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Old 10th August 2009, 02:39 PM   #1
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Default DIY Project Amp Burn-In

What are the various opinions (there always seem to be various conflicting opinions around here) regarding the early burn-in, if at all, of a new build or significant re-build (outputs) of an amp? Should I leave on for a day or two? Cycle several times? How long before I pull the test speakers off and connect some "real" ones?
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Old 10th August 2009, 02:49 PM   #2
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In commercial products burning in is done to check for early failures (see for example, Bryston).

At which point you disconnect the speakers is up to you; personally I use a DC-protection, so I don't have to worry too much about this. Certainly a little sinewave testing helps otherwise also.

Have fun, Hannes
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Old 10th August 2009, 03:06 PM   #3
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If you're worried about an early failure, I'd thermally cycle the output transistors several times (work the amp hard and then shut it off until it's cold and repeat). And I second DC protection being a good idea regardless.

If you're talking about the other kind of "burn in" favored by audiophiles for improving the sound quality, I wouldn't worry about it too much. While electrolytic capacitors have been shown to slightly improve their characteristics after some use, there's no real evidence transistors improve with more hours of use.
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Old 10th August 2009, 03:14 PM   #4
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I'm mostly concerned about the possibility of early failure due to component failure or quality of assembly. For a receiver (ie Marantz 2285B) with some type of internal speaker relay, should I still have something between the outputs and the speakers? Will this really catch output failure in time to prevent speaker damage? Why don't high end speakers already have something like this, seems a pair of $3000 speakers would come with some type of self-protection.
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Old 10th August 2009, 03:18 PM   #5
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I have seen failure curves for electronic equipment and usually they fail mostly when very new or much later in their life.
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Old 10th August 2009, 03:32 PM   #6
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Quote:
Will this really catch output failure in time to prevent speaker damage?
Depends on the protection

Of course it will if the protection deserves its name.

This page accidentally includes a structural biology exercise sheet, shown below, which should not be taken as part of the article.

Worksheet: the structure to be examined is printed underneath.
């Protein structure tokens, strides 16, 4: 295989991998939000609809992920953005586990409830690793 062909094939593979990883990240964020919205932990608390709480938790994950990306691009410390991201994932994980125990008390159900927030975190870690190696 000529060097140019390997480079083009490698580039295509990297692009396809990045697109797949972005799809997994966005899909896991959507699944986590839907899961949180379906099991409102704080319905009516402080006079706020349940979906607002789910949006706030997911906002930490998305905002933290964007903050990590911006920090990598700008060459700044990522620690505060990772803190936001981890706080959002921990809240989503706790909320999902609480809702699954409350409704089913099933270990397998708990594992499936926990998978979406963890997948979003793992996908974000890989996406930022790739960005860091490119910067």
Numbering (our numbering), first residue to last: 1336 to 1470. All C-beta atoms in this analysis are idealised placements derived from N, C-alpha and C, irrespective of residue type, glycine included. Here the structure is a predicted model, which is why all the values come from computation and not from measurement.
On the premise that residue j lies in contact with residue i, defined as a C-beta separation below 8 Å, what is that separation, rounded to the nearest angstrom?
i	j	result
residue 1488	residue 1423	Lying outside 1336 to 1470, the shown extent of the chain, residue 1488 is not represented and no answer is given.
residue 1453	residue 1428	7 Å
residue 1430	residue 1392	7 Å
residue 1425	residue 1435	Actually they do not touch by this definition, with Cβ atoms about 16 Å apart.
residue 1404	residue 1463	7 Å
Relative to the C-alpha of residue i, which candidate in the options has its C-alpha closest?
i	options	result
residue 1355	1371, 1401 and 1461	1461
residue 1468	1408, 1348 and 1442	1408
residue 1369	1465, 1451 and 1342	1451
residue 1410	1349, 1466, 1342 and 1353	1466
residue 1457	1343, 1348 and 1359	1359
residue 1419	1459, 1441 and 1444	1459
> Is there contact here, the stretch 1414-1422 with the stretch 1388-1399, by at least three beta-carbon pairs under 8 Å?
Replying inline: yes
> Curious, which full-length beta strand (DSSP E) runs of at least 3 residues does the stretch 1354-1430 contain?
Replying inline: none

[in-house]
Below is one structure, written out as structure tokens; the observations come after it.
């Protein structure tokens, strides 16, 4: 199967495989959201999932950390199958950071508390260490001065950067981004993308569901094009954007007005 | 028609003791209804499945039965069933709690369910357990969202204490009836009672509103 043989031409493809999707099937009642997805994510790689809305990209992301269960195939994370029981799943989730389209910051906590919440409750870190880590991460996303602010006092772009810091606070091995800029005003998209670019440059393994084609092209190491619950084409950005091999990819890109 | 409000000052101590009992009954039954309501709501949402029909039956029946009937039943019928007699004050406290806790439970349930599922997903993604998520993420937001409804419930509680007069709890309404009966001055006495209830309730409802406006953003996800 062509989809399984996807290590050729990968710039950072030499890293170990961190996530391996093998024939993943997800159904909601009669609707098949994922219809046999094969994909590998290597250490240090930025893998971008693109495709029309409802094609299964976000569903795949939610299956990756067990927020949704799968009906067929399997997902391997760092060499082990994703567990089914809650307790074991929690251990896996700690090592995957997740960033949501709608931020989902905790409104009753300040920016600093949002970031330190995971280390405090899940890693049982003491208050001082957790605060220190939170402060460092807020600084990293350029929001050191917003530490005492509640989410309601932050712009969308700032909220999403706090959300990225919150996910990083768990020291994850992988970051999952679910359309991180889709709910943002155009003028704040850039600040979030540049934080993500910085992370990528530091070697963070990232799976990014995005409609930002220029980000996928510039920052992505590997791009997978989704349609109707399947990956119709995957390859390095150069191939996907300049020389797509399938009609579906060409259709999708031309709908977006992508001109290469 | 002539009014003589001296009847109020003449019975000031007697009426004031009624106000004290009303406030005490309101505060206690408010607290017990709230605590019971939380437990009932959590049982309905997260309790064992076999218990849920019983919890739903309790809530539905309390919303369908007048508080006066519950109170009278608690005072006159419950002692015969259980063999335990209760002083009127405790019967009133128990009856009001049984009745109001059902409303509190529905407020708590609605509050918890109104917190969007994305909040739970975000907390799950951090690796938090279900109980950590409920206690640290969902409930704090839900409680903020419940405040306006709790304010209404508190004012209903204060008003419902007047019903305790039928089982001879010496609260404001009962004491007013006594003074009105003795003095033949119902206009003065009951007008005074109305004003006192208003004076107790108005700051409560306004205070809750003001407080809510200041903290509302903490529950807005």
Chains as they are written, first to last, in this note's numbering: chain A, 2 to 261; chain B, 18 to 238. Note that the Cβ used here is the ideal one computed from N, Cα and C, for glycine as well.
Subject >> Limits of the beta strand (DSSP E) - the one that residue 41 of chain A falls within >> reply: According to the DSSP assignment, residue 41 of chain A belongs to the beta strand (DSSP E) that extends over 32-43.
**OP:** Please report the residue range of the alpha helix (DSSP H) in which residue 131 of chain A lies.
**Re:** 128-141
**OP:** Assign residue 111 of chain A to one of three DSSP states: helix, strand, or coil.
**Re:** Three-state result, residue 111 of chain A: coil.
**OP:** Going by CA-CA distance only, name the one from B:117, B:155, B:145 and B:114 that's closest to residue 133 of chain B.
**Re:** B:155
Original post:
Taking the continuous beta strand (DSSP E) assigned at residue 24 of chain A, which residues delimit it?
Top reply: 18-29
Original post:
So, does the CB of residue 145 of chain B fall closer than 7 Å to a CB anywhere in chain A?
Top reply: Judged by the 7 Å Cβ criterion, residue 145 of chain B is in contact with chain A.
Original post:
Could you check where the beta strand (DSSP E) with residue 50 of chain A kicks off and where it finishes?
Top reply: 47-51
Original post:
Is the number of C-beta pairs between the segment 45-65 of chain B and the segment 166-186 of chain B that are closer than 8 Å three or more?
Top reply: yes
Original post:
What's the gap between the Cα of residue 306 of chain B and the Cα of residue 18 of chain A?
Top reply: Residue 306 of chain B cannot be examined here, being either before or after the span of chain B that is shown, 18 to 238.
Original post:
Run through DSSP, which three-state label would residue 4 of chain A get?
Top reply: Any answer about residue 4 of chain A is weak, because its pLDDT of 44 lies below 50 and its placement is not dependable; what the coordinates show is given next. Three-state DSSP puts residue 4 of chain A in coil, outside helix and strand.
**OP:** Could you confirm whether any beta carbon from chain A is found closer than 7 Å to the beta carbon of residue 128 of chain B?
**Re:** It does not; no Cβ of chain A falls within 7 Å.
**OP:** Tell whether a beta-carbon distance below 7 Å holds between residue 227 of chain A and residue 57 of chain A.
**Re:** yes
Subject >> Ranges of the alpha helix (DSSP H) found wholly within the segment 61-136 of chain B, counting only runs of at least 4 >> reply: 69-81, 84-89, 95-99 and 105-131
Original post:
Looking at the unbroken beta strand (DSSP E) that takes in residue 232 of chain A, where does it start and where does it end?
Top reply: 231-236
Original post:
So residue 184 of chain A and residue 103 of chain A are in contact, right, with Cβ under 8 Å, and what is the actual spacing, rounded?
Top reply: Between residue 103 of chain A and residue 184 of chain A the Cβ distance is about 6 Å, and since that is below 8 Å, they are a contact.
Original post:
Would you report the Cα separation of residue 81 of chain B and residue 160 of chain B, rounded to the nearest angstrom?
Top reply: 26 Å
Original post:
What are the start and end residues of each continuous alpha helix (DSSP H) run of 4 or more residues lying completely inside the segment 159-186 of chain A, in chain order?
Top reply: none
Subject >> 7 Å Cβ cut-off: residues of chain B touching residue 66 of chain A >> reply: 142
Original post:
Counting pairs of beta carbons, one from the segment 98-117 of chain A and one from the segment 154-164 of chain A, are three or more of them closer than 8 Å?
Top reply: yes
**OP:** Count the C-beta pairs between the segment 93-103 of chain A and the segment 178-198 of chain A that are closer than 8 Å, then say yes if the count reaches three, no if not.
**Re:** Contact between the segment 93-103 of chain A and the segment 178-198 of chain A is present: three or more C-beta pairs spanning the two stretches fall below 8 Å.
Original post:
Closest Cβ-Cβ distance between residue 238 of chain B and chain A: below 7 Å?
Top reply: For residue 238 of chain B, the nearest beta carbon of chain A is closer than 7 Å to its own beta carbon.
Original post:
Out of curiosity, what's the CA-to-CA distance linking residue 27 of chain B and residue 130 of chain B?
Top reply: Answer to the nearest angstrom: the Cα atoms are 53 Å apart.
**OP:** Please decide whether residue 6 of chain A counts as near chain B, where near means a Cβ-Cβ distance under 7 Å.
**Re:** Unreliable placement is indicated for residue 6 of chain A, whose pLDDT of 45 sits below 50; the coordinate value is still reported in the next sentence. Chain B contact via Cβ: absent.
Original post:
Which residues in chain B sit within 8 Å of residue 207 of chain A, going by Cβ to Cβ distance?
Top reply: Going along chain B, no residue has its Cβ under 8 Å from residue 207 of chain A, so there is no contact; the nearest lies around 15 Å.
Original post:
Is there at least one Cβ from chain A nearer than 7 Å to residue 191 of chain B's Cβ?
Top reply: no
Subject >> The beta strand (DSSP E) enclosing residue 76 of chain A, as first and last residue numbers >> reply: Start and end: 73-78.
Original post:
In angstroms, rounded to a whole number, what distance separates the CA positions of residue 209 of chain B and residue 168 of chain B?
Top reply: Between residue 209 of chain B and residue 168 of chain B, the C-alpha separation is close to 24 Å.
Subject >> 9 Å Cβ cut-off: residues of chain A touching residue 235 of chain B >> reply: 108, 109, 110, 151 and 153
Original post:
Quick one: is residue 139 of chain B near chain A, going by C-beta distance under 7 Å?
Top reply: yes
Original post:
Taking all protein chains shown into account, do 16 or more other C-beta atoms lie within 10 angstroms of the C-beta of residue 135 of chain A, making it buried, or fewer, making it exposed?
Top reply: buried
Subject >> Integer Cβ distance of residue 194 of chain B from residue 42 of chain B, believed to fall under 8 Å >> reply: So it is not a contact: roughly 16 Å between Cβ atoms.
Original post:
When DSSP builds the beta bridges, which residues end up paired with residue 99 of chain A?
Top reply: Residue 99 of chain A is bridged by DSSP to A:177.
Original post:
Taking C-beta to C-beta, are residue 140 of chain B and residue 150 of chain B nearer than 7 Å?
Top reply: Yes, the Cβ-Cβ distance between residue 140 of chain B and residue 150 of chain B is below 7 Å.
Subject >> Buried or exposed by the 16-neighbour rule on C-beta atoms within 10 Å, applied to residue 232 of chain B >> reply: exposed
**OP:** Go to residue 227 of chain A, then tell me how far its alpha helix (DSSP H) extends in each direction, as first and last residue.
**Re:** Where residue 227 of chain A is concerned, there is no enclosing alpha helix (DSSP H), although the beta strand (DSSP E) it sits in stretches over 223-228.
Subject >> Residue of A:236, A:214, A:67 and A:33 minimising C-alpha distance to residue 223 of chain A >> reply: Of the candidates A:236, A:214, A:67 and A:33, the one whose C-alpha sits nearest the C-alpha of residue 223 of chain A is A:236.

Quote:
Why don't high end speakers already have something like this, seems a pair of $3000 speakers would come with some type of self-protection.
Pro gear has usually a large elco in series to the amp; belt and suspenders way of protection in the pro-world (means both the amp and the speaker has built-in DC-protection).

I guess a large elco does not sell in the hi-fi world.

Have fun, Hannes
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Old 11th August 2009, 12:13 AM   #7
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Unfortunately, most speaker protection circuits either need power to operate (something speakers don't usually have) or they degrade the sound. Even fuses degrade the sound and don't offer much protection unless they're sized so small they tend to blow during regular use.

So the best place to protect speakers is in the amp/receiver. And most commercial products, with the notable exception of lots of high-end products and a few others, have at least DC protection with a speaker relay. If your Marantz has a delayed turn on relay for the speakers it very likely already has DC protection. So no worries.

I read a story about an engineer (working for a manufacture) trying to determine just how fast the protection needed to be to save a speaker. So they simulated a failure of a 100 watt amplifier and the woofer literally caught fire in under a second with 40+ volts of DC applied. Their conclusion was "the faster the better". Which is to say fuses are often too slow when sized to meet other demands.
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Old 11th August 2009, 12:21 AM   #8
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Quote:
Originally posted by RocketScientist
I read a story about an engineer (working for a manufacture) trying to determine just how fast the protection needed to be to save a speaker. So they simulated a failure of a 100 watt amplifier and the woofer literally caught fire in under a second with 40+ volts of DC applied. Their conclusion was "the faster the better". Which is to say fuses are often too slow when sized to meet other demands. [/B]

I use a PIC microcontroller in my amps to disconnect the relay if it sees DC for more than 500mS.
The micro also holds off the relay for 3 seconds on power up.
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Old 11th August 2009, 02:53 PM   #9
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Douglas Self recommends much less than a second and his protections (at least the ones in his book) act within about 100ms.

Have fun, Hannes
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Old 11th August 2009, 04:05 PM   #10
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Yeah, based on what I've seen 500mS is risking damage and even flames Microcontrollers let you do some fun things, but they're not as failsafe as a simple analog circuit and they also create lots of RFI hash that can find it's way into the amplifier where it either directly causes noise or gets demodulated and causes problems.
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